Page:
Processes for the determination of the fill state using the transit time of signals exploit behavior following the laws of physics according to which the transit interval is equal to the product of the transit time and propagation speed. In the case of fill state measurement the transit interval corresponds to twice the distance between the antenna and the surface of the material. The actual effective echo signal and its transit time are determined with the aid of the so-called echo function, the digital envelope curve or the low-frequency signals where the envelope curve or the low-frequency signals reproduce the amplitudes of the echo signals as a function of the distance from the antenna to the surface of the material. The fill state itself can then be determined from the difference between the known distance of the antenna from the base of the container and the distance of the surface of the material from the antenna as determined by the measurement.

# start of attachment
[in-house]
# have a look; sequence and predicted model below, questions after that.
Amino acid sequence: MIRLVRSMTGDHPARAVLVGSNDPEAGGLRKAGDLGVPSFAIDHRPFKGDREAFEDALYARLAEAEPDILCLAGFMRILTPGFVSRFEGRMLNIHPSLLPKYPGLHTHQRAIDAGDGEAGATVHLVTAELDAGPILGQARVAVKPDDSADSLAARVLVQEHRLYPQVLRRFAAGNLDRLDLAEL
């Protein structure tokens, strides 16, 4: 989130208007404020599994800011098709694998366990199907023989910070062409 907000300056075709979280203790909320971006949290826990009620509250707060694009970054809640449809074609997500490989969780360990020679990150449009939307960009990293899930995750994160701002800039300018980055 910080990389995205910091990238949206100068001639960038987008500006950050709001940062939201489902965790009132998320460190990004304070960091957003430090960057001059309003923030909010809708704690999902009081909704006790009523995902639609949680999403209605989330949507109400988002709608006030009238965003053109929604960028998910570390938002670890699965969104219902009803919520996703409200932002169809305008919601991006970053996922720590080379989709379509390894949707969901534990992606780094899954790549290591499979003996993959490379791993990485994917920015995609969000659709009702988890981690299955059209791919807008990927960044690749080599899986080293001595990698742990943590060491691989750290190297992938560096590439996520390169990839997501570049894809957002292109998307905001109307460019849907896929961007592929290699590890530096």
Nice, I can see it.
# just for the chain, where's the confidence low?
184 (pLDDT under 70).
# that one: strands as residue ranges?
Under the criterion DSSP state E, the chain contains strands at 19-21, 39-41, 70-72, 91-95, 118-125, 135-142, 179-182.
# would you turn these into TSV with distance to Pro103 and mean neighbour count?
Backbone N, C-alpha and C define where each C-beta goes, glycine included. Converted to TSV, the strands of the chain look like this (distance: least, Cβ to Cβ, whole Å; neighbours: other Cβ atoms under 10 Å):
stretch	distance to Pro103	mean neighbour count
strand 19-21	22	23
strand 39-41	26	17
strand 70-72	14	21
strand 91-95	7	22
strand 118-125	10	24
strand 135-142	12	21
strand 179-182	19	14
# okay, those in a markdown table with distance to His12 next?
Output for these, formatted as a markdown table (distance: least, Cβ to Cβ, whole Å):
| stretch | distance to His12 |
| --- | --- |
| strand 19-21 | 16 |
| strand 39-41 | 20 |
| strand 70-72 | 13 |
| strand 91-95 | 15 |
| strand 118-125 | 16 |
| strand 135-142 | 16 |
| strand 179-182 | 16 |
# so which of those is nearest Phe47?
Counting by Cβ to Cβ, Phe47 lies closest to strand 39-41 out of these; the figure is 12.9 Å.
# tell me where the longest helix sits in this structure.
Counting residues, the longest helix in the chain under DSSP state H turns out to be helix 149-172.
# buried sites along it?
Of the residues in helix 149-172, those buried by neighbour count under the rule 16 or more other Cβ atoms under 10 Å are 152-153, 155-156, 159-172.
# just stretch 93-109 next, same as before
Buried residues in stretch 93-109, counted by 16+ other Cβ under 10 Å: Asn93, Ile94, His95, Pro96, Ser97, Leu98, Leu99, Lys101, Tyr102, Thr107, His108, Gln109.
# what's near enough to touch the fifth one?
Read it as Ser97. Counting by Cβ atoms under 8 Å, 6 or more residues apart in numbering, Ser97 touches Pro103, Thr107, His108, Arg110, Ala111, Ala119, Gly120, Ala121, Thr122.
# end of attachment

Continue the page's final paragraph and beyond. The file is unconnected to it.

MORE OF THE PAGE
In DE 31 07 444 A1 a high-resolution pulse radar process is described. A generator generates first microwave pulses and radiates them via an antenna with a predetermined transmission repetition frequency in the direction of the surface of the material. An additional generator generates reference microwave pulses which are equal to the first microwave pulses but differ slightly from them in their transmission repetition rates. The echo signal and the reference signal are mixed. At the output of the mixer an intermediate frequency signal is present. The intermediate frequency signal has the same curve as the echo signal but is extended with respect to it by a time-delay factor which is equal to a quotient of the transmission repetition factor and the frequency difference between the first microwave pulses and the reference microwave pulses. For a transmission repetition frequency of several megahertz, a frequency difference of a few hertz, and a microwave frequency of several gigahertz, the frequency of the intermediate frequency signal lies below 100 kHz. The advantage of using the intermediate frequency is that relatively slow and therefore cost-effective electronic components can be used for the monitoring of signals and/or signal evaluation.